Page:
The fate of the Landmark Mall property lingered for years. The mall opened to the public in 1965, and was the first in the region to feature three anchor department stores (Sears, Woodward & Lothrop, and Hecht’s). By 2010, the mall had nearly no tenants, and in 2021 the city bought the 11-acre parcel of land for $54 million from The Howard Hughes Corporation. That same year, Inova signed a 99-year ground lease for the property.
The project was designed by Ballinger and Ennead Architects and is managed by Inova.
Alexandria City Manager Jim Parajon released his proposed $881.1 million fiscal year 2024 budget at City Hall on Tuesday night, and it includes an option to raise taxes by 1 cent.
The budget also reflects $8.1 million in collective bargaining agreement funds that will go to the Fire and Police Departments.
Parajon, who presented his budget to City Council, said that unexpectedly high real estate assessments and $4.6 million in efficiency reductions wiped away a projected $17 million budget shortfall.
The budget is a 5% increase over last year’s budget, and Parajon is proposing no change in the real estate tax rate, which would remain at $1.11 per $100 of assessed value for the second year in a row. The same goes for other tax rates, including personal property taxes, which would remain at $5.33 per $100 of assessed value for vehicles and $4.75 per $100 of assessed value for tangible personal property.
Stormwater utility fee rates are, however, projected to increase from $294 to $308.70.
The budget funds the Alexandria School Board’s operating budget transfer request of $258.7 million, which is an increase of $9.9 million, or 4%.
“You’re also going to see a fairly significant emphasis on public safety and first responders,” Parajon told Council.
Parajon is also asking for $500,000 for diverse small business funding. That particular funding request comes after the city recently abandoned a grant program aimed at helping minority business owners after a lawsuit claimed the program was discriminatory against white people.
The budget provides:
- A 7% market rate adjustment for sworn fire, medics and fire marshals
- A 6% market rate adjustment for sworn police and Sheriff’s Deputies
- A 2% increase in General Schedule and Sheriff’s Deputy pay scales
- A $4.5% market rate adjustment for non-public safety personnel
- Three new steps in the general pay scale, which is a 7% increase in salary potential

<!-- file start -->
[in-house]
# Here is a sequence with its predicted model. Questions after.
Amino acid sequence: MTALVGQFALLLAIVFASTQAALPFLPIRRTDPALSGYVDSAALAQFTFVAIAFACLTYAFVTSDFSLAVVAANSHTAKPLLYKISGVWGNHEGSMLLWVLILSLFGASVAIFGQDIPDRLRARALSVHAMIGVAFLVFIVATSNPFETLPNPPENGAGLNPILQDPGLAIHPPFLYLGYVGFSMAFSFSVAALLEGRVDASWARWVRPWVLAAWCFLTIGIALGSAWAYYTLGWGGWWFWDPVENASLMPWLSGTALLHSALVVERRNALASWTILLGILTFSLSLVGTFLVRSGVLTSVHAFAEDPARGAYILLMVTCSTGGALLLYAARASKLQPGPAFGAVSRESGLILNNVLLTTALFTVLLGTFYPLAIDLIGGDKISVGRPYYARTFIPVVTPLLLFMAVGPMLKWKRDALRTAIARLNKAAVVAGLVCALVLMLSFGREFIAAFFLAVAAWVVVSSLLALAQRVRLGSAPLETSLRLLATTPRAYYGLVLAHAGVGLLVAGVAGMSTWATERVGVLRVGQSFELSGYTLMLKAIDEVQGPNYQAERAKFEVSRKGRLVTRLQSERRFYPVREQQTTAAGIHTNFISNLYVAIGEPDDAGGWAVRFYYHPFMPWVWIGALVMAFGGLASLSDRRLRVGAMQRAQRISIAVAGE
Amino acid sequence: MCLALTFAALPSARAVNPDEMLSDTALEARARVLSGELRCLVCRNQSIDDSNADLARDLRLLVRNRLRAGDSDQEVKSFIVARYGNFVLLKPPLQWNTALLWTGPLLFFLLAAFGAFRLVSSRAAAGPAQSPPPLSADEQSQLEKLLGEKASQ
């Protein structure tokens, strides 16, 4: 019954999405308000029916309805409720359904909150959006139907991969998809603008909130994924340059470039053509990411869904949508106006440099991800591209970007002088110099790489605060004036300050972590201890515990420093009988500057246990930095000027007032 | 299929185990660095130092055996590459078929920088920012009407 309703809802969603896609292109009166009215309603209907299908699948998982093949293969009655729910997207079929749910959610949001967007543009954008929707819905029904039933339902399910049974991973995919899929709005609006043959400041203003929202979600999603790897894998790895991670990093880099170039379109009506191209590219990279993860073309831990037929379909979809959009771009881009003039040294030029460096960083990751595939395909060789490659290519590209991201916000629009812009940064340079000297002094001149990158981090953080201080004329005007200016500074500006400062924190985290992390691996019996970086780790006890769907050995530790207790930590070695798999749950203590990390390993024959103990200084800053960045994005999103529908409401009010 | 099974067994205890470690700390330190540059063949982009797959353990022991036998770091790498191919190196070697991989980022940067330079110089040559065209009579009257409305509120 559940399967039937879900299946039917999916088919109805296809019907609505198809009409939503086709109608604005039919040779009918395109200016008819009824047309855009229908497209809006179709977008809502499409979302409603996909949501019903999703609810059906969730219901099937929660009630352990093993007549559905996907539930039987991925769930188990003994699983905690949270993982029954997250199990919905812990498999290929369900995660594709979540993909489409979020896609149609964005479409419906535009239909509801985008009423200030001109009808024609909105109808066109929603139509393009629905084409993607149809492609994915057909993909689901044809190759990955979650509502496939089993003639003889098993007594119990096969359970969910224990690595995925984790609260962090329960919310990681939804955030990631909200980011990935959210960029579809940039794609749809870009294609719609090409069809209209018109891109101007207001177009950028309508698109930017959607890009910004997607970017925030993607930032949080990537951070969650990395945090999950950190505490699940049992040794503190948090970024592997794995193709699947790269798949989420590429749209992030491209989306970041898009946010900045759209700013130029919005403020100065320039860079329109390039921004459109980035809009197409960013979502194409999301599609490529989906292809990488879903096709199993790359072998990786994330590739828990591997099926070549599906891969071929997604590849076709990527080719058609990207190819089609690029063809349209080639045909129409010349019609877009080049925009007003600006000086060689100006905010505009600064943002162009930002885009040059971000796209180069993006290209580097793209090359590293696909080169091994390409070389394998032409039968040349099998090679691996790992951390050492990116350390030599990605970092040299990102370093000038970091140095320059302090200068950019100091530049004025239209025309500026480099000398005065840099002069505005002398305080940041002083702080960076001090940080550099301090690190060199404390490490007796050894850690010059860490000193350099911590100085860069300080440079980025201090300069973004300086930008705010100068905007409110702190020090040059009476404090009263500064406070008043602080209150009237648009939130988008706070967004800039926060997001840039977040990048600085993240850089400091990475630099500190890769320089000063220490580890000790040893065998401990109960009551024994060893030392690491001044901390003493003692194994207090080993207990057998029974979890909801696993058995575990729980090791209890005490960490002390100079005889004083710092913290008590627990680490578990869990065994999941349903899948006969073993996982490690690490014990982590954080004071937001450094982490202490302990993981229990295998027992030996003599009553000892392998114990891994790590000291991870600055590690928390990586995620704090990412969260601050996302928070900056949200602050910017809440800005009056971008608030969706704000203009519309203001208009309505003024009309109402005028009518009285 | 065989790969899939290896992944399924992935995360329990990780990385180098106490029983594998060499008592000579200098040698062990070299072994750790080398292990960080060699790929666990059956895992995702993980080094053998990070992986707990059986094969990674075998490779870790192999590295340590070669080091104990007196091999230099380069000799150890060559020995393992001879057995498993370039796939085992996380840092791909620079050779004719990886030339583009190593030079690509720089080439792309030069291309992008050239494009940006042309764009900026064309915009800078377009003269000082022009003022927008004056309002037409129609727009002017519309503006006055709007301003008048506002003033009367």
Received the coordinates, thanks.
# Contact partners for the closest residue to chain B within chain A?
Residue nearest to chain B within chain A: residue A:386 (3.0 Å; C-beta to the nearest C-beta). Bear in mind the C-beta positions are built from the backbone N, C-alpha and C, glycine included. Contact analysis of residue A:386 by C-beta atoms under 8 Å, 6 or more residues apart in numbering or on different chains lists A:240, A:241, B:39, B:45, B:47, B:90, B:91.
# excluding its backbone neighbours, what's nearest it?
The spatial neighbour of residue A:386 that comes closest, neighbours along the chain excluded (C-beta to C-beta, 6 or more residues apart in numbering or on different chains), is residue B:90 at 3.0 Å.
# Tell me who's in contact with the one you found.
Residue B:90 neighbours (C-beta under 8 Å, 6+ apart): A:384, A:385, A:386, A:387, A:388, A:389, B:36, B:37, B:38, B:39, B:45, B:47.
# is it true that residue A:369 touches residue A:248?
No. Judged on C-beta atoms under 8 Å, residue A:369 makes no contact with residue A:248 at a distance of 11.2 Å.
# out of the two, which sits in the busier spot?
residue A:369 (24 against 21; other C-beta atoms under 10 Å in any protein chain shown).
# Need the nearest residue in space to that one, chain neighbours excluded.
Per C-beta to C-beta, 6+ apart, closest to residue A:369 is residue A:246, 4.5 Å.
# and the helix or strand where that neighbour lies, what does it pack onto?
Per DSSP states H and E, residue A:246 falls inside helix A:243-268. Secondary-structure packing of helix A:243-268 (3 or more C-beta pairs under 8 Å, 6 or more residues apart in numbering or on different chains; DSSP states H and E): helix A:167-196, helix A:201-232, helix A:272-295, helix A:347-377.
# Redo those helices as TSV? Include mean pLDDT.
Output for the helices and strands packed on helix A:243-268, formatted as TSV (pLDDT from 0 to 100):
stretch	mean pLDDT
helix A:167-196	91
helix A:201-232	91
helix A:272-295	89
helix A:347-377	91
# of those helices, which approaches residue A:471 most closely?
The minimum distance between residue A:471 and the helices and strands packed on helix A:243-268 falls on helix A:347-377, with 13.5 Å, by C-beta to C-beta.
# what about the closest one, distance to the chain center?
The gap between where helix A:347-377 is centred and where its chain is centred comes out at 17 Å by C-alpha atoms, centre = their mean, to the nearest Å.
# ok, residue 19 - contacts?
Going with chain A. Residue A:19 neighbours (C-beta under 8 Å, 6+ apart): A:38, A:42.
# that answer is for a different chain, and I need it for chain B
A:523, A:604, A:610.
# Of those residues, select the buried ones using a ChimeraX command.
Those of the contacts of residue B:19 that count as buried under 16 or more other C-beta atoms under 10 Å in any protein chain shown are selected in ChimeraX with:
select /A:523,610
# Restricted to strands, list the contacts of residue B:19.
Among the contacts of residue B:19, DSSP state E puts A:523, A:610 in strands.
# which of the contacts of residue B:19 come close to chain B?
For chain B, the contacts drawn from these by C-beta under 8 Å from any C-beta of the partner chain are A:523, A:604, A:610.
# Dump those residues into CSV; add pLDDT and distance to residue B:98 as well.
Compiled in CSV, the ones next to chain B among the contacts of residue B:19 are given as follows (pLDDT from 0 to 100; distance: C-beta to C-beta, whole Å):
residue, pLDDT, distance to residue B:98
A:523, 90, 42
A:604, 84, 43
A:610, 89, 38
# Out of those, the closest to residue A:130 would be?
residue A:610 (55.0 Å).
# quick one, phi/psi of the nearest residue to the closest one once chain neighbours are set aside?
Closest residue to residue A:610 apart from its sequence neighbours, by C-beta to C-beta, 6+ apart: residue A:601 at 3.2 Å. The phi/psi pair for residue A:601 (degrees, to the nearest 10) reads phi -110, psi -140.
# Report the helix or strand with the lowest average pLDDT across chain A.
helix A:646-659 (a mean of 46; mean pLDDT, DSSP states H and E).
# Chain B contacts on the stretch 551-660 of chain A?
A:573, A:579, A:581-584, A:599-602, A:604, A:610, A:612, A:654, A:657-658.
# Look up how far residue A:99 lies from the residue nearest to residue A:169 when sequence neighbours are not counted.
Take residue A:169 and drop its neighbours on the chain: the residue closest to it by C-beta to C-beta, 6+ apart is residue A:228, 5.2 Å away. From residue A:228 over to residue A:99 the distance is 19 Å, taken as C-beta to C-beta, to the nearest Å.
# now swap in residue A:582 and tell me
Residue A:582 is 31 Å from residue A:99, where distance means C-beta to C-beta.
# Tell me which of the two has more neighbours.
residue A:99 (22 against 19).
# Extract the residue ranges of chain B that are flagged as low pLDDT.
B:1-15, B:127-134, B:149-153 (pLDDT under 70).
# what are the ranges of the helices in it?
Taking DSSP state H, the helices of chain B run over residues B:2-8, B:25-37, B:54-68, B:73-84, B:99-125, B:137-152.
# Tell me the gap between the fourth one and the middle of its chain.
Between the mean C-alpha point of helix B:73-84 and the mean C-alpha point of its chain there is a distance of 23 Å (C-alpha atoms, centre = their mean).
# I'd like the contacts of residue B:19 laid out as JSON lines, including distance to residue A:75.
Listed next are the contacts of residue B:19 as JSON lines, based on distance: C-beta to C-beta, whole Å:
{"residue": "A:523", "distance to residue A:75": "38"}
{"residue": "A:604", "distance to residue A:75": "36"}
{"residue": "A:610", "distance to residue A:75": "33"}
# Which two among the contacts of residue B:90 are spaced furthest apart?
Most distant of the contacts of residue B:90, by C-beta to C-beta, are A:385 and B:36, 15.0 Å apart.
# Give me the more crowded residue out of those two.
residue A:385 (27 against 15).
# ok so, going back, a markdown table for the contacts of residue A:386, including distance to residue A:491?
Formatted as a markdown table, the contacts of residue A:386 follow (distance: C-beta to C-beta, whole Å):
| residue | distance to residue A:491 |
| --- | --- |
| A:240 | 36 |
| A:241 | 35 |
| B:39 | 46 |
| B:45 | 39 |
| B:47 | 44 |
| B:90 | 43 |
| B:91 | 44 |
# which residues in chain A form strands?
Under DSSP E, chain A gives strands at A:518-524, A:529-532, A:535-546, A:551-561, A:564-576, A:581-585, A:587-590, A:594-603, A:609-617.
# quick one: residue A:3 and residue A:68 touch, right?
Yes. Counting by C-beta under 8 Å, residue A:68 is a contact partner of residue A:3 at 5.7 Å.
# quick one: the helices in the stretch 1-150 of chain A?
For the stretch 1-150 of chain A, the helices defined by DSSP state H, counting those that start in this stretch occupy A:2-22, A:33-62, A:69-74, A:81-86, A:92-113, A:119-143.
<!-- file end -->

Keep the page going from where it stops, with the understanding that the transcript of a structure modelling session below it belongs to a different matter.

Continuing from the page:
- 25 SAFER grant-funded firefighters
- Funding for Commonwealth’s Attorney staffing for more than $600,000 toward the APD body worn camera program, which launches in April
Parajon asked all departments for 1.5%-to-2% in budget reductions in their proposals, with efficiencies including the outsourcing of city employee leave of absence reviews, benefits consulting, and city vehicle fleet repair.
The manager is also advising Council to consider an “alternative” 1 cent increase in real estate taxes, which would reduce borrowing for the Alexandria City High School Project, increase city employee compensation and provide an additional pay increase of 1% over what’s being proposed for city and Sheriff’s Office employees.
That 1 cent would also fund:
- An emergency services bed-finder for $79,225
- A new bilingual clinical psychologist to help city employees experiencing trauma for $166,380
- A construction project manager for $212,445
- Out of school time staffing for $200,000
- Summer youth employment expansion for $200,000
Parajon, who also presented a $2.39 billion 10-year Capital Improvement Program (CIP), proposes $367.2 million for Schools capital projects, including $39.5 million in cost escalations for projects currently underway like the George Mason Elementary School project.
The FY 2024-2032 CIP includes:
- $282 million for the city’s stormwater management systems
- $185.1 million for the Washington Metropolitan Area Transit Authority’s capital program
- $63.3 for citywide street reconstruction and repaving
- $48.2 for capital infrastructure improvements associated with the Waterfront Implementation Project
- $17.4 million to renovate Four Mile Run Park
“I certainly look forward to working alongside my colleagues as we spend the next next few months engaging with the community to provide a budget,” said Mayor Justin Wilson.
There will be multiple public forums to discuss the budget, the next being a public presentation by Parajon on Thursday, March 2 at 7 p.m. at Charles E. Beatley, Jr. Central Library (5005 Duke Street), followed by a City Council/School Board budget work session on Wednesday, March 8, and budget public hearings on March 13 and March 18.
The budget will be approved on May 3 and go into effect on July 1.
A main roadway into Alexandria will likely soon have a new mini-mart. On Saturday, City Council will vote on an addition to the Liberty service station at 700 S. Patrick Street (Route 1), and the owner says that construction could be wrapped by the beginning of the summer.